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Presentation media info literacy


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Presentation media info literacy

  1. 1. Media and Info Literacy 2012 S. Thornton:From “Scuba Diving” to “Jet Skiing”? Information Behavior, Political Science, and the Google Generation. Journal of Political Science Education Streatfield, D., Shaper, S., Markless, S., and Rae-Scott, S. 2011. Information literacy in United Kingdom schools: evolution, current state and prospects. Journal of information literacy, 5(2), pp.5-25.
  2. 2. Thornton Started from Carr “Is Google Making us Stupid?”, “The University of Google” by Brabazon. Premise that were becoming “pancake people” rather than delving deep into information (jet skiers rather than “Scuba divers”) Google generation has certain characteristics, mostly negative. (from CLEX and CIBER reports) First generation who wont remember life without net etc. Two studies used, one in US, other in UK (not exactly same questions.)
  3. 3. Research findings US Student in UK more aware from early school age 100% of students used books Preference for Google among electronic resources(89%), Wikipedia increasing too (69%). US students seem to use more library recommended databases UK Students unlikely to use advanced search strategies, preferring merely to repeat words. No similar Q in US study, although Ss preferred to use “reliable” databases (in accordance with what instructors recommended)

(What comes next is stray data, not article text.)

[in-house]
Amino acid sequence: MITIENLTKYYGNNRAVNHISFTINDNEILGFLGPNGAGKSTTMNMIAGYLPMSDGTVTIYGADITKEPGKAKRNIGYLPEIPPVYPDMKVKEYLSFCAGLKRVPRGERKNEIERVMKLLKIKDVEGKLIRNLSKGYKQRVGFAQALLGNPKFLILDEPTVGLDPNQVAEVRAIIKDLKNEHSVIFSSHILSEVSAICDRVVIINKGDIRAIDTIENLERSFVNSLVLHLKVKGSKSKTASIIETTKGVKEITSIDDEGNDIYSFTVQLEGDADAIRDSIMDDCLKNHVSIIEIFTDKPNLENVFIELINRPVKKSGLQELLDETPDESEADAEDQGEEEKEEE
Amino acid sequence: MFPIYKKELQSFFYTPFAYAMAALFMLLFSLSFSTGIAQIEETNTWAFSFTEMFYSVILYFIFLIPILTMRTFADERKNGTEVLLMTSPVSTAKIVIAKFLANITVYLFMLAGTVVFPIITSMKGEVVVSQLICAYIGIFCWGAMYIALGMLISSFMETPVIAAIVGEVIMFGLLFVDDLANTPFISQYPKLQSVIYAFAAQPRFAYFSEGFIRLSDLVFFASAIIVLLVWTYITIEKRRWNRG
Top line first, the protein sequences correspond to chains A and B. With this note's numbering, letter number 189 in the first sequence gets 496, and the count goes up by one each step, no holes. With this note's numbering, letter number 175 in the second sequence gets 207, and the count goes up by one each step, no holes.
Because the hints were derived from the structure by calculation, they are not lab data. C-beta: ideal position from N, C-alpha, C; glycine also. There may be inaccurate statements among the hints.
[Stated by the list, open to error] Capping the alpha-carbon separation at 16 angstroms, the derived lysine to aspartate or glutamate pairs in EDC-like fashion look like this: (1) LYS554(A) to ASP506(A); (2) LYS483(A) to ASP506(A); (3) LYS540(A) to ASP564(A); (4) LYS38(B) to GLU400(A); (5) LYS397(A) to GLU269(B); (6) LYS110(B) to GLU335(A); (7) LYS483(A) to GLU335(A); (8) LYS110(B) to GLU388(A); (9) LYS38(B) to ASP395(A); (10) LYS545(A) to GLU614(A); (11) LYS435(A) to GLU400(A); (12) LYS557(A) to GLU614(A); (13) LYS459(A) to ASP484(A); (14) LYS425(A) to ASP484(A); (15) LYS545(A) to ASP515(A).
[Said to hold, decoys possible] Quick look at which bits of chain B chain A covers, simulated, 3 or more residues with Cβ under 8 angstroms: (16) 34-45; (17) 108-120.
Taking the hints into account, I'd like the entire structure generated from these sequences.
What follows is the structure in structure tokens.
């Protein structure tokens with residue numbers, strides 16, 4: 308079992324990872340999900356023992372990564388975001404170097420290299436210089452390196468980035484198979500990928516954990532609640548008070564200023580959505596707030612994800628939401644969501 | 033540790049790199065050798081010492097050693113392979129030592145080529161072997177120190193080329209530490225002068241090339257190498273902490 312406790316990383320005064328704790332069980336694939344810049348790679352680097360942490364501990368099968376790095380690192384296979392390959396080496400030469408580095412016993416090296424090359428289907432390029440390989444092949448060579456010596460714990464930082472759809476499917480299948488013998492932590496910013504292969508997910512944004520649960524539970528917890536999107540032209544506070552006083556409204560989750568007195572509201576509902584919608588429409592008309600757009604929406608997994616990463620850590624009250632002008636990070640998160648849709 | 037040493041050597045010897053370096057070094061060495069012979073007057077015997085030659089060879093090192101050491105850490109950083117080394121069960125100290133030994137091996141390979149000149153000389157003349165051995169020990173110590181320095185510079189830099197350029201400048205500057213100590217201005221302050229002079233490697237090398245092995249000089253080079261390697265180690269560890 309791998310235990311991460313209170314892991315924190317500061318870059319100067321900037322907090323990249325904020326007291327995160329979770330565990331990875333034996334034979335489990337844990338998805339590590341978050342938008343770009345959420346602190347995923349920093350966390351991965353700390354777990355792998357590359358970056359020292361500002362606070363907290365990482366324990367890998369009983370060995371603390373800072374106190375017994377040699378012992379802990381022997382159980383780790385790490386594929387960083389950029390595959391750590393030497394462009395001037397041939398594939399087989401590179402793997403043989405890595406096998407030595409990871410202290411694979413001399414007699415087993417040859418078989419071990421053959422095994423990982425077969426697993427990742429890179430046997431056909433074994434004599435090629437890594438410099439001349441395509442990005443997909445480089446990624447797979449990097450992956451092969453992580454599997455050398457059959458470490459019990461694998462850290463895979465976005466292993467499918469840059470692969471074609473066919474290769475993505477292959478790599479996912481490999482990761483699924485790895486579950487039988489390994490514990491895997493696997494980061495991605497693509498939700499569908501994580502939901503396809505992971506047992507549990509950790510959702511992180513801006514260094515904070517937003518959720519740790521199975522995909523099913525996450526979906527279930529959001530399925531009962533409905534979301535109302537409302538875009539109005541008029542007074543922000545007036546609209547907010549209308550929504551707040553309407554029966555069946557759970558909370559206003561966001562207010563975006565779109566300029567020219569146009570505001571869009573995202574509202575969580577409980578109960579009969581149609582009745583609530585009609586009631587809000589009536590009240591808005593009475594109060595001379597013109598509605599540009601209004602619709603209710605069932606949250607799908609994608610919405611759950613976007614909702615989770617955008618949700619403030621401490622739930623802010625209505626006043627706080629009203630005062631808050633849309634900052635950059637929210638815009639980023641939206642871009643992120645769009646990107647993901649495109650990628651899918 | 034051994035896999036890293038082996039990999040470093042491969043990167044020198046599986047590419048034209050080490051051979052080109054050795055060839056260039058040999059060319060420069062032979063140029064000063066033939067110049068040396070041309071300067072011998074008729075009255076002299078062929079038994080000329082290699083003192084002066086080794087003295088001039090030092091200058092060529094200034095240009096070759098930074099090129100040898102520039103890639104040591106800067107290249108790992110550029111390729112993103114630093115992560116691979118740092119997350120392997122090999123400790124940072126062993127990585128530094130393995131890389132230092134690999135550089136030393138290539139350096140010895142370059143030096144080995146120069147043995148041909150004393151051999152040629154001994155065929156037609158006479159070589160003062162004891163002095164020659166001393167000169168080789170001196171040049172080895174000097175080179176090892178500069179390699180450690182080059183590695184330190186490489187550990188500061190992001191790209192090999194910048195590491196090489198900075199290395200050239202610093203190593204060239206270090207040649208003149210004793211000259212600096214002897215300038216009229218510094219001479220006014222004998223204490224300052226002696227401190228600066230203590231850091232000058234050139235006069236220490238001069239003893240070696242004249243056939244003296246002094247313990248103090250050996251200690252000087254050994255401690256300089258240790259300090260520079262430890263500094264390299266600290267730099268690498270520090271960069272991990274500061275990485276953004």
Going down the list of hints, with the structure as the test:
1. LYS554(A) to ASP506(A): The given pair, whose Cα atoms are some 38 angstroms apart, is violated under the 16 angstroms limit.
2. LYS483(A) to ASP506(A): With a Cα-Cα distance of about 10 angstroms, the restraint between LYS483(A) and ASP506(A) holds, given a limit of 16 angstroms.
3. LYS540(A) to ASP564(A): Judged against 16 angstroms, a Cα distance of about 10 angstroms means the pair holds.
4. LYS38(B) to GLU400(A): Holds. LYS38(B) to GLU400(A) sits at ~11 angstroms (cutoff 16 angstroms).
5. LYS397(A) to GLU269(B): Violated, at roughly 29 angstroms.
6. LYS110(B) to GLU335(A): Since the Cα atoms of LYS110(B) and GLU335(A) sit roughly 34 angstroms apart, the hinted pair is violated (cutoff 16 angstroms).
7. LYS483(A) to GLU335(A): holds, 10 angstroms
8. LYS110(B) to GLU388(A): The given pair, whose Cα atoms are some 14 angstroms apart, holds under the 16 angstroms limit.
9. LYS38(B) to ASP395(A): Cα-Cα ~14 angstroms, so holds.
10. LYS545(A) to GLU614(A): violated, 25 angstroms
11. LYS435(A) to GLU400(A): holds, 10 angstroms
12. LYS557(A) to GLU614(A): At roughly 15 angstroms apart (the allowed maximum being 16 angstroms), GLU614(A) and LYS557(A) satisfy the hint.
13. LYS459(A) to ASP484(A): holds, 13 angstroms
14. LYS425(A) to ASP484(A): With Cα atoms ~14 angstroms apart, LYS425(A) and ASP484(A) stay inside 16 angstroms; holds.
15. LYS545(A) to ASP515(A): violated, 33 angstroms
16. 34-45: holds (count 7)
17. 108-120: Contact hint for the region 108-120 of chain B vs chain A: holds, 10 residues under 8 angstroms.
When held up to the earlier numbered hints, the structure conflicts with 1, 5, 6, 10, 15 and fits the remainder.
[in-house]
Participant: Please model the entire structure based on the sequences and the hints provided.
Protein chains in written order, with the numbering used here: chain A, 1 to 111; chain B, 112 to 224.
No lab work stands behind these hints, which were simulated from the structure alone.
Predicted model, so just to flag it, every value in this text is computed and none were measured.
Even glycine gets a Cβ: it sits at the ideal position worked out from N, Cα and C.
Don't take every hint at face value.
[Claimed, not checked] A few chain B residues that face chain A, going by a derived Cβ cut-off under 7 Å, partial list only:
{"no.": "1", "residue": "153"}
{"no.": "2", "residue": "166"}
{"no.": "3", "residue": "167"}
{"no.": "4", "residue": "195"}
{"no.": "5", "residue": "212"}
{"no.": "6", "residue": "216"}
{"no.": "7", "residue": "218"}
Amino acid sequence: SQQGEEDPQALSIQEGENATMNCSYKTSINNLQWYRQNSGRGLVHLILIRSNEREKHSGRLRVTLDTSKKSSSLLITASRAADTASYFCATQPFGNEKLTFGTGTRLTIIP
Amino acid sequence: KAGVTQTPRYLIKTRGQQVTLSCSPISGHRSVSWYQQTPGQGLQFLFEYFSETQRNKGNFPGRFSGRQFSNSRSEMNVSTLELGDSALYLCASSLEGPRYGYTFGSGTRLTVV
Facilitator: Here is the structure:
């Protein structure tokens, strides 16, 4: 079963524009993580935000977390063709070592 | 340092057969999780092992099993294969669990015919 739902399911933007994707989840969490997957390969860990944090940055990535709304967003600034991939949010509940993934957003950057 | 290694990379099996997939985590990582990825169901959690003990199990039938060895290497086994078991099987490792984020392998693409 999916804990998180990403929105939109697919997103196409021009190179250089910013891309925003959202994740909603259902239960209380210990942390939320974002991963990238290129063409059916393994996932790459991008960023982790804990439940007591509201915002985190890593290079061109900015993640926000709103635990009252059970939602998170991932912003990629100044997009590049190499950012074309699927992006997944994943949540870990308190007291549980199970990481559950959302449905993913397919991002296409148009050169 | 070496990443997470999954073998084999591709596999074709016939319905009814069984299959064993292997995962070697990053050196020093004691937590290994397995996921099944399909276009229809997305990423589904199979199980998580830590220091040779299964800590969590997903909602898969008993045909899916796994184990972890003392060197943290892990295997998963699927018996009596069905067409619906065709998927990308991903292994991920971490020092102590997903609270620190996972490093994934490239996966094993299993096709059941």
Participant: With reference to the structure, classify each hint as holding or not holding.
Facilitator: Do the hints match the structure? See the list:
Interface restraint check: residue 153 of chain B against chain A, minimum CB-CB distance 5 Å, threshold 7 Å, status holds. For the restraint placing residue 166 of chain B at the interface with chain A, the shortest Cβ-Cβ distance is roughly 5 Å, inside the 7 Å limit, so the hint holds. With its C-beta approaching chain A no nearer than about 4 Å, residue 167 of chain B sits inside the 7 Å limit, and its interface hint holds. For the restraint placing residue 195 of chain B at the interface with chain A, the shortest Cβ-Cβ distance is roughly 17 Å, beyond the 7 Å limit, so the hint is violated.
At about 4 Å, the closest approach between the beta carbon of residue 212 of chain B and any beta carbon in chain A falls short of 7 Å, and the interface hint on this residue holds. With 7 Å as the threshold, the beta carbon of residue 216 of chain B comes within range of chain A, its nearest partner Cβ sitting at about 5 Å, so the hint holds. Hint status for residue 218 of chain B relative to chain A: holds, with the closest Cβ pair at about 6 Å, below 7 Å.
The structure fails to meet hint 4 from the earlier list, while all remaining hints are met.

4. 4. • In UK survey, only 6% of students mentioned possibility of bias. (POLITICS students)• Handful of students had “coherent strategy”• 90% UK students could use some discriminatory tactics to establish reliability of info, in US students tended to use “tried and true” sources
  5. 5. Summary• Not all aspects of Google gen stereotype completely true• BUT There IS a tendency to be Jet-skiers• General IL skills NOT advanced (but not just “google gen”)• More than merely rote-learned skills-based, practice needed to have Organic Intellectuals (Gramsci), “critical” IL skills needed (Whitworth: 2009: 118)• This being the case, 6 frames of information literacy would seem a good starting point• Jackson & Mogg (2005): aim for “embedded approach” rather than “bolt on”